A study of nutritional patterns in adults in Australia illustrated that those who followed a diet planned for brain health had a lowered risk of progressing cognitive impairment. Following a diet planned to upsurge brain health in the long term seems to lower the probabilities of cognitive disorders and impairment comprising dementia and Alzheimer’s disease, a study conducted by scientists from UNSW, NeuRA (Neuroscience Research Australia), and ANU stated. The study was published in Alzheimer’s & Dementia. The investigators reviewed the potential defensive effects of the MIND (Mediterranean-DASH Intervention for Neurodegenerative Delay) diet.
Reportedly, the Mediterranean diet is considered to have a defensive effect on other health conditions also, like cardiovascular diseases. The configuration of the MIND diet is based partly on the Mediterranean diet but includes foods precisely pertinent to brain health. The MIND diet is characterized by 15 nutritional components with attention on whole grains, green leafy vegetables, olive oil, and a small quantity of red meat. The analysis surveyed 1220 adults aged 60 Years and older, for a span of 12 Years. In this time, it was seen that a nutritional pattern which followed the MIND diet was associated with 19% lowered possibilities of getting dementia or mild cognitive impairment. In contrast, no assistance was initiated for observing the Mediterranean dietary pattern.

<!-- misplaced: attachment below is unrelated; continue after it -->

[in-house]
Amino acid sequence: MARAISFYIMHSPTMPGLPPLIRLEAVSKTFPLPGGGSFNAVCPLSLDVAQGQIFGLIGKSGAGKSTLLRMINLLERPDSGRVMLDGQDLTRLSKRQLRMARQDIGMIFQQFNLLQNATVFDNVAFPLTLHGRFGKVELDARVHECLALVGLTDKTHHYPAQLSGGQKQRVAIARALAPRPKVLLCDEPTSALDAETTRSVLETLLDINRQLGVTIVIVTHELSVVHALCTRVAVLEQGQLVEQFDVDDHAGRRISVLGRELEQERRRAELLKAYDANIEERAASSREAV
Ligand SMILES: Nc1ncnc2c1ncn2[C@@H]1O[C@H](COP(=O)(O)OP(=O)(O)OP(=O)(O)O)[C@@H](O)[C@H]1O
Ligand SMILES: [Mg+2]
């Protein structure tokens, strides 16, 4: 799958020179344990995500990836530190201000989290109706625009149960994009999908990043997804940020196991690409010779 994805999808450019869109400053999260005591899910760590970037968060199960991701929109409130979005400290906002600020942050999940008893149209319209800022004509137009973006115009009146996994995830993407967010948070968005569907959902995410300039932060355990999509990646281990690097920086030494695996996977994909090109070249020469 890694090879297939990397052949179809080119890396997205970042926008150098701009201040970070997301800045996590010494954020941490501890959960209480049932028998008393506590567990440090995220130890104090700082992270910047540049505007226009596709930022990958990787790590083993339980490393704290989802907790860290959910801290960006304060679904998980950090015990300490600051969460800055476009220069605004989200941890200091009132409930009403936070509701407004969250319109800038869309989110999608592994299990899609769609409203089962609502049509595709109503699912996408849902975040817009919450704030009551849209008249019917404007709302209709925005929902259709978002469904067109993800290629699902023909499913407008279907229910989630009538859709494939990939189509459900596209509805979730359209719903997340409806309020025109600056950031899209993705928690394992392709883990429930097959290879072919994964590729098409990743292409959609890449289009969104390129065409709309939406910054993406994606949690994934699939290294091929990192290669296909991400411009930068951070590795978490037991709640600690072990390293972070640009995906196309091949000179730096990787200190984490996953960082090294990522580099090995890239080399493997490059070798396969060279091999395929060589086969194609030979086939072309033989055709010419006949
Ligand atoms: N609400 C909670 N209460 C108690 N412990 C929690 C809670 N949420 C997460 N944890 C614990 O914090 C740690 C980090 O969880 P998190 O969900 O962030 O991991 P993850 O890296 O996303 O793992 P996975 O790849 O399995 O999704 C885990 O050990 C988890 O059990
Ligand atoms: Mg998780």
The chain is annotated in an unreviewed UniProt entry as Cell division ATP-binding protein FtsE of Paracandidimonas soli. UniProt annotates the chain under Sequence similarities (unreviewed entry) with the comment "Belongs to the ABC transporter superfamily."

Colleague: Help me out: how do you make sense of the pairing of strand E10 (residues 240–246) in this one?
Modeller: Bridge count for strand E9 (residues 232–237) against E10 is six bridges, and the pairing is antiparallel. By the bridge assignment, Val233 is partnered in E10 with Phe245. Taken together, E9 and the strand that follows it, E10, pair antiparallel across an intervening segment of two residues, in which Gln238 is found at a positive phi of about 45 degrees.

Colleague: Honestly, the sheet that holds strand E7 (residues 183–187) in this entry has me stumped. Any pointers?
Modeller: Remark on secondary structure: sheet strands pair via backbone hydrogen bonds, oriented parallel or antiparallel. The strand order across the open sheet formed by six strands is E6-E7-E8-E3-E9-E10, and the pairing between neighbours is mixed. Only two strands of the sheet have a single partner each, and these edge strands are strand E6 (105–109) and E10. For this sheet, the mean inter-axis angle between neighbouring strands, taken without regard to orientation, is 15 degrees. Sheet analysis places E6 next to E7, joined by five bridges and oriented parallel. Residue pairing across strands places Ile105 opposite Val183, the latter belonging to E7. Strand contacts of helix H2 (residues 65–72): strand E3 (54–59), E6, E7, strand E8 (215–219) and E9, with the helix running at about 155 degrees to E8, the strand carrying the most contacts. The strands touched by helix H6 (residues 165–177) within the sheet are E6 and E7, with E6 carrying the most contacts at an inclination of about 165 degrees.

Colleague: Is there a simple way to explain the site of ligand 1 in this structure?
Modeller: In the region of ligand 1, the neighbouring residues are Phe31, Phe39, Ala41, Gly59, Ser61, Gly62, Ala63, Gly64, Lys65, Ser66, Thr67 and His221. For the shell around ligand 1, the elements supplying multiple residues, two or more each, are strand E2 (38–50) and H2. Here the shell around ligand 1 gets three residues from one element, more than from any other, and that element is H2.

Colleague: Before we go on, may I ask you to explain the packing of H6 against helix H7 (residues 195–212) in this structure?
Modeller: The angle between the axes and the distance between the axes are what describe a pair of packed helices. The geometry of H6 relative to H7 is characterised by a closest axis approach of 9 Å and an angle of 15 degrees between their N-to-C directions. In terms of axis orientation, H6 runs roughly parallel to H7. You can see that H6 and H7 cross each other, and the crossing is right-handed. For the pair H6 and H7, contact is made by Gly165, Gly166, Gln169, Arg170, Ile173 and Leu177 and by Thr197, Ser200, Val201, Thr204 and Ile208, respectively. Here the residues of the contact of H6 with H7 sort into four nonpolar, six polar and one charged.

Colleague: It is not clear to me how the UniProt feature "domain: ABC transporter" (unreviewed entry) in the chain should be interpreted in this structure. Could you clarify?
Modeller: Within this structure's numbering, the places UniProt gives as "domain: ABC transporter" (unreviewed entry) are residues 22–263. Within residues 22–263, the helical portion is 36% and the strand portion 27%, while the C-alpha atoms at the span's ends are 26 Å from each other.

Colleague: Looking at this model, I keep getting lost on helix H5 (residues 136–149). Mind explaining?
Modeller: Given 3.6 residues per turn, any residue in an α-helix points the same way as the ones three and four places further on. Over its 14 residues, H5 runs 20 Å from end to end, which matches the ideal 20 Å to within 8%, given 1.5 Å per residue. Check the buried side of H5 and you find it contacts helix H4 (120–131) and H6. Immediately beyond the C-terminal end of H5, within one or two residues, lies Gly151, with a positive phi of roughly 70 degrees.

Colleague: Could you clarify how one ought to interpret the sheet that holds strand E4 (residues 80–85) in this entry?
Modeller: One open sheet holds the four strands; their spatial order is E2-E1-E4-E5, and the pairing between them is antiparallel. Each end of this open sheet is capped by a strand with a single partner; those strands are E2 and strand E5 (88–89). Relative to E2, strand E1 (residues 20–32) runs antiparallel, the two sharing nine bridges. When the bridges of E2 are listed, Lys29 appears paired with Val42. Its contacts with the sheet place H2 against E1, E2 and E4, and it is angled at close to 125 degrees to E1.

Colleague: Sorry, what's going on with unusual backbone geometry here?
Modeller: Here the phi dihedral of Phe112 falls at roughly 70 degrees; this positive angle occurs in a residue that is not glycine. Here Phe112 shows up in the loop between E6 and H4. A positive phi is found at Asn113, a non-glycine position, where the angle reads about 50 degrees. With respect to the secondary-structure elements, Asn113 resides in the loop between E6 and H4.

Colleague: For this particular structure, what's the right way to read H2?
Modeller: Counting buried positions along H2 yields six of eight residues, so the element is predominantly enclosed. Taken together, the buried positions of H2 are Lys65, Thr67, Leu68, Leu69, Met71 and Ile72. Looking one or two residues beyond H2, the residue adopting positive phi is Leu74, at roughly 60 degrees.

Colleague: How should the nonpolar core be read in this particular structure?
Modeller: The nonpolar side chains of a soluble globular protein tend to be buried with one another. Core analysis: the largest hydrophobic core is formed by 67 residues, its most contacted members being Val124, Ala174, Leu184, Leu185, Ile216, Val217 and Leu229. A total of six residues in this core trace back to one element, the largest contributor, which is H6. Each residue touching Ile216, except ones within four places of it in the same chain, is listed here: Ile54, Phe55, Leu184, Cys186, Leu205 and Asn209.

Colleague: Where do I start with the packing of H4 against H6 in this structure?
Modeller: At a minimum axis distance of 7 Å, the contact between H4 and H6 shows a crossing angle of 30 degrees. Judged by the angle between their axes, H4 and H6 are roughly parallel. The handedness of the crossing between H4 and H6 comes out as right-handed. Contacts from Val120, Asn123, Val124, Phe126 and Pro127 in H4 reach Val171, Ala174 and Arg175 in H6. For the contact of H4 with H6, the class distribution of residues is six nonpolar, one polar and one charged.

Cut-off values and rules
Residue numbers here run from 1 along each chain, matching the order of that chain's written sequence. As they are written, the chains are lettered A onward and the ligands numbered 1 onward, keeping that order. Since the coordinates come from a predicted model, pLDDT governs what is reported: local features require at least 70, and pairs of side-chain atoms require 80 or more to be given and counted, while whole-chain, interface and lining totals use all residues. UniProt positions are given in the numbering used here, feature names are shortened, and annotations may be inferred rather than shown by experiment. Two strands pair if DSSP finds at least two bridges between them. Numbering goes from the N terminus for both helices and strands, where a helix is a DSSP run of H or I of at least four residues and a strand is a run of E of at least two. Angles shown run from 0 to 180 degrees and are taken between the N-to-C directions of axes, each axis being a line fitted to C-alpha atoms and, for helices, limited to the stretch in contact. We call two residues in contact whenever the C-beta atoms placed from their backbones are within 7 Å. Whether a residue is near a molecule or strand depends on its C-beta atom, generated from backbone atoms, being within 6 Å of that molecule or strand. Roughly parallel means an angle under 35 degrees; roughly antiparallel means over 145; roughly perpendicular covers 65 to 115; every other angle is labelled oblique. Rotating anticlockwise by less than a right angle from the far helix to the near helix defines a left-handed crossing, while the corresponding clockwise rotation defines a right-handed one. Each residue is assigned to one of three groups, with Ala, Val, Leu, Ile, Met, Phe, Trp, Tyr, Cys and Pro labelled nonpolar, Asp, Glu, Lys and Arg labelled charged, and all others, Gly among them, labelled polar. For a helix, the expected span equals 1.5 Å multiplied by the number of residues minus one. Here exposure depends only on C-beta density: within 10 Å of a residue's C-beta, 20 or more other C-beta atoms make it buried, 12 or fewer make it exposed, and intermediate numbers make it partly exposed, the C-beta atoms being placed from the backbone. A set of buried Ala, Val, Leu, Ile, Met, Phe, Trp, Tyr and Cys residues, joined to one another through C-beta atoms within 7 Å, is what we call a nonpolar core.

On a similar note, recently, a study showed that heart-healthy diets during adulthood are associated with superior brain function during middle age. Consuming a diet moderate in nuts, fish and alcohol, rich in fruits and vegetables, and less in meat, full-fat dairy is linked with good cognitive performance during middle age, as per to a study. The study was published in Neurology of the AAN (American Academy of Neurology). The cognitive capabilities comprise of thinking and memory skills.